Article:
Charles R. Goulding and Fraser Lintott discuss some recent developments at Jabil.
Jabil is a massive global manufacturing company with over 250,000 employees, 500 million square feet of manufacturing space, and 100 sites in 30 countries. In the 2022 Fortune 500, Jabil outranked Starbucks, Nvidia, McDonald’s, and many others. We have previously written about Jabil’s increasing 3D printing capabilities providing its clients with the myriad benefits of additive manufacturing.
A Change in Management
On May 1st of this year, Jabil announced that Kenny Wilson, the previous CEO and executive vice president of Jabil’s Green Point Division, will succeed Mark Mondello as CEO.
Wilson has over 30 years of industry experience and is a seasoned veteran at Jabil, starting in 2000 as a business coordinator. Mondello gave high praise to Wilson stating, “His work ethic, approach, experience, and commitment to servant leadership position him perfectly to lead our team.”
Custom and Safe Helmet Innovation
California-based KAV Sports enlisted the help of Jabil after their own engineers struggled to find a material that fit their strict criteria for a custom, 3D printed helmet. KAV wanted their helmet to be light, perform in extreme temperatures ranging from -15 to 60 degrees centigrade, and of course absorb high-velocity impacts. Jabil delivered a custom additive material that fit all their criteria as well as looking stylish in just 9 months.
Jabil’s team achieved this using a custom polymer material made of a nylon carbon fiber composite that was both flexible and strong. They then used this custom material with their additive manufacturing techniques. The custom helmets can be made in 2-3 weeks. By utilizing 3D printing, not only was waste reduced (KAV prides itself on being net carbon neutral production), but also increased customization for each customer was ensured. The final helmet ended up exceeding US safety standards by over 25%.
The KAV Portola helmet was recognized by Time Magazine as one of the best inventions of 2022.
A New Sustainable Polymer
Jabil also recently teamed up with NatureWorks to create a new powder-based polymer. This polymer is made of renewable biomaterial and serves as a natural alternative to petrochemical-based powders.
Salvador Ortega, the global industry manager for NatureWorks, said this on the new material:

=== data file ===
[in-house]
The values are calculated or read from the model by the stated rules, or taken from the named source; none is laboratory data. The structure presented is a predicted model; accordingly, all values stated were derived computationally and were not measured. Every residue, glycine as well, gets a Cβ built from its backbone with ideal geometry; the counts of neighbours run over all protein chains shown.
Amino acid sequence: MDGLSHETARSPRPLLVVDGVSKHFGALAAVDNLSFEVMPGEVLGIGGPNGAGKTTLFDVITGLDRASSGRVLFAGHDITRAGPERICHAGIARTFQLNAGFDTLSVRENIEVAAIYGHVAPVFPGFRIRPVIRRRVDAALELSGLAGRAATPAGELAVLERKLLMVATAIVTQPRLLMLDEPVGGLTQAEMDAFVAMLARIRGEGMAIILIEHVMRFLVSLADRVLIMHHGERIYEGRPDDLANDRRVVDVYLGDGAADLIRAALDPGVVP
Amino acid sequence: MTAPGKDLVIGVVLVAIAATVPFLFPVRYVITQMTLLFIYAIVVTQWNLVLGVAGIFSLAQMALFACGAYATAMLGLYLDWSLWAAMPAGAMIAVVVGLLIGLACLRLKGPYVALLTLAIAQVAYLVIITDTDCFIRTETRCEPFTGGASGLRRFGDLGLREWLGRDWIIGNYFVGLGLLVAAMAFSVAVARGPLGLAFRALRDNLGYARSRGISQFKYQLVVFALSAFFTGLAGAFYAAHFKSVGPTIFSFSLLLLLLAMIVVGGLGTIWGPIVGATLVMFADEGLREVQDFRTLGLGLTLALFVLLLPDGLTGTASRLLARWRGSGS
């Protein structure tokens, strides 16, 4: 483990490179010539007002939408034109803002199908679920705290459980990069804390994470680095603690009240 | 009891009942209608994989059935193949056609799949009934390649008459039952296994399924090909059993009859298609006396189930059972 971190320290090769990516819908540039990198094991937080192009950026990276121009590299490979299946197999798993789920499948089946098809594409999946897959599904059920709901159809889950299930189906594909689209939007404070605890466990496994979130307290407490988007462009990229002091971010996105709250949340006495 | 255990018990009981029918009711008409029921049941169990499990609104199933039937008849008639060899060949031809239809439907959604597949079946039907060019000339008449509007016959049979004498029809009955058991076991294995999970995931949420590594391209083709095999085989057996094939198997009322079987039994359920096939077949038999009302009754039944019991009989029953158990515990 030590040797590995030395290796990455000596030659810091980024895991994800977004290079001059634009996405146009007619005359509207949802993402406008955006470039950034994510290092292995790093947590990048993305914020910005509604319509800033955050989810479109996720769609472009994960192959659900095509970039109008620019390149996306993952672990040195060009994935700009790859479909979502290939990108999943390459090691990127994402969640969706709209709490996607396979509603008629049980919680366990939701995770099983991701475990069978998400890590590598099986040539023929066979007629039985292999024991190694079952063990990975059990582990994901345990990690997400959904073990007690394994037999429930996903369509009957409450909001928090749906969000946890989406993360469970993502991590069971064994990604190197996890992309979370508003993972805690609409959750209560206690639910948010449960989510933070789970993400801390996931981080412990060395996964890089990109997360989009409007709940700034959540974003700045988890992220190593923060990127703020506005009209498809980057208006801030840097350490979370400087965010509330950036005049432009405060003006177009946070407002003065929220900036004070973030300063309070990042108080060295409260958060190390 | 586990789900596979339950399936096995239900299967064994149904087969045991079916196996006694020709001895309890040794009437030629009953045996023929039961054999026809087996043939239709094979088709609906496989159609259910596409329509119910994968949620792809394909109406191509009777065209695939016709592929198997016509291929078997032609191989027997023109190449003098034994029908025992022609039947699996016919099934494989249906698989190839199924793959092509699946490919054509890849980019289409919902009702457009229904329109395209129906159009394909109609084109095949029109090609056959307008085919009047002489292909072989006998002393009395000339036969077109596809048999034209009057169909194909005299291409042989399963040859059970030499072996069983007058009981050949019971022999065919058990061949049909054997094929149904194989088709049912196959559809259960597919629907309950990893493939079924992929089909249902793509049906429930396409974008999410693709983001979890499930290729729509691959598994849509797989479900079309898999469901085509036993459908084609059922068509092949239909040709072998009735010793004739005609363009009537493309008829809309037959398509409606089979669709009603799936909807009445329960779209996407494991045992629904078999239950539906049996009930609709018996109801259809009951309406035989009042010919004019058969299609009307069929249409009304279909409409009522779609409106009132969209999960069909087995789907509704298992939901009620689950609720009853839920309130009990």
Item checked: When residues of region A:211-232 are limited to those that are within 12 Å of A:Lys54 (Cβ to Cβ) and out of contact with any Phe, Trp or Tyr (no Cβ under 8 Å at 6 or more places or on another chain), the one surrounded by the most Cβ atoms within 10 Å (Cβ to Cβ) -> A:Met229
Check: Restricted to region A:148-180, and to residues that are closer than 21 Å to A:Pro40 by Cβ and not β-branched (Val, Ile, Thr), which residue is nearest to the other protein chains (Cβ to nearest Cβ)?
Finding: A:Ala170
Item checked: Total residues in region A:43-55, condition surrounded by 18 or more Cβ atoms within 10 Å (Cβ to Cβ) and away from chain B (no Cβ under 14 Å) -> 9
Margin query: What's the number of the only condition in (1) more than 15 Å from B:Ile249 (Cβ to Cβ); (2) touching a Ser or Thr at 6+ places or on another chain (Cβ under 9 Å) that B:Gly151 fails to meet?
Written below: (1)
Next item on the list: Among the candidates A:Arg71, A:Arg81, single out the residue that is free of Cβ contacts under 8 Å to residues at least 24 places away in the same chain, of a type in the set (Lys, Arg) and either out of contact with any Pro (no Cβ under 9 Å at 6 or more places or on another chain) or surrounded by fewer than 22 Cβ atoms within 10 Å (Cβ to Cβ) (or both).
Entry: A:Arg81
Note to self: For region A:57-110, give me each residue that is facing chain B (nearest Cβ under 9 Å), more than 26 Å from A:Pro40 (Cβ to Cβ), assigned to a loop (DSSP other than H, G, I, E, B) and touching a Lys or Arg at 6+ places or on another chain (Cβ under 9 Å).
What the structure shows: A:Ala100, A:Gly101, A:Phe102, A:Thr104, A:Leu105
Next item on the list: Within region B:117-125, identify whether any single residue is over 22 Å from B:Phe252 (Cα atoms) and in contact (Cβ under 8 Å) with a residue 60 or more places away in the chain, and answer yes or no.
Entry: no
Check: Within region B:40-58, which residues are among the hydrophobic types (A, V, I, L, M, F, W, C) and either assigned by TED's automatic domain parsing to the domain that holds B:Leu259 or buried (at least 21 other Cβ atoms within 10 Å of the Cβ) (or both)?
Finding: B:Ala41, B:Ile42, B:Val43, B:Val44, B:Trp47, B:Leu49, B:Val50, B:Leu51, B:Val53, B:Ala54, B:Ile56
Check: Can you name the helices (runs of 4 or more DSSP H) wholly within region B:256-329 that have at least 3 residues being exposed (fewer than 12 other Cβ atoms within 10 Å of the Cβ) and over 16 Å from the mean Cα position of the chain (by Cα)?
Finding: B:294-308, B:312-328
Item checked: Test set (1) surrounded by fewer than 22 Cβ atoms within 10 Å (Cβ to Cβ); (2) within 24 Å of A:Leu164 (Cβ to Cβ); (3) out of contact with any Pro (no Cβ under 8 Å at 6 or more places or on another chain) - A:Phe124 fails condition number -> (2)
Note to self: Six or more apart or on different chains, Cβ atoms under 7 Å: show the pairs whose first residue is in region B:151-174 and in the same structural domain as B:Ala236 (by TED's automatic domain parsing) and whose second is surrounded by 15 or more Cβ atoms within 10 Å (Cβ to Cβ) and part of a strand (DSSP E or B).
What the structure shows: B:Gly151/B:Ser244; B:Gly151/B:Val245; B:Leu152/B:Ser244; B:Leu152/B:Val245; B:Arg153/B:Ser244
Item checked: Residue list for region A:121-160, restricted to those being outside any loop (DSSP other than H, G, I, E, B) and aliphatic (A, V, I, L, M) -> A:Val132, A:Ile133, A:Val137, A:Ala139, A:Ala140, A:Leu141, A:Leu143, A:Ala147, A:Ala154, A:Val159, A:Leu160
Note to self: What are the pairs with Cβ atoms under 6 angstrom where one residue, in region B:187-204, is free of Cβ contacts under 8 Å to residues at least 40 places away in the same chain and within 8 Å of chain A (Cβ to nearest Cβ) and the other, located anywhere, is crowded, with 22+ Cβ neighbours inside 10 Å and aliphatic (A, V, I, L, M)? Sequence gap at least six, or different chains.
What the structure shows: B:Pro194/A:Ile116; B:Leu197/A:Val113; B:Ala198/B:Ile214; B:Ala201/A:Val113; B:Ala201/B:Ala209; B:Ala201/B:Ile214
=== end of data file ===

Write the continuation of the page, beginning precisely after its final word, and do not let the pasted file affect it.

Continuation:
“Our Ingeo material is a lower-cost alternative with a carbon footprint that is 89% smaller than PA 12, which makes it well suited for a wide variety of additive manufacturing applications.”
This polymer is not only better than traditional nylon but is better for the environment. Jabil has shown a future where 3D printing with sustainable materials helps manufacture our everyday items.
The Research & Development Tax Credit
The now permanent Research and Development (R&D) Tax Credit is available for companies developing new or improved products, processes and/or software.
3D printing can help boost a company’s R&D Tax Credits. Wages for technical employees creating, testing and revising 3D printed prototypes can be included as a percentage of eligible time spent for the R&D Tax Credit. Similarly, when used as a method of improving a process, time spent integrating 3D printing hardware and software counts as an eligible activity. Lastly, when used for modeling and preproduction, the costs of filaments consumed during the development process may also be recovered.
Whether it is used for creating and testing prototypes or for final production, 3D printing is a great indicator that R&D Credit eligible activities are taking place. Companies implementing this technology at any point should consider taking advantage of R&D Tax Credits.
Jabil continues to innovate in the 3D printing field. Their focus on 3D printing paves the way for other major manufacturers. Their efforts in sustainability also shine a bright light towards the future.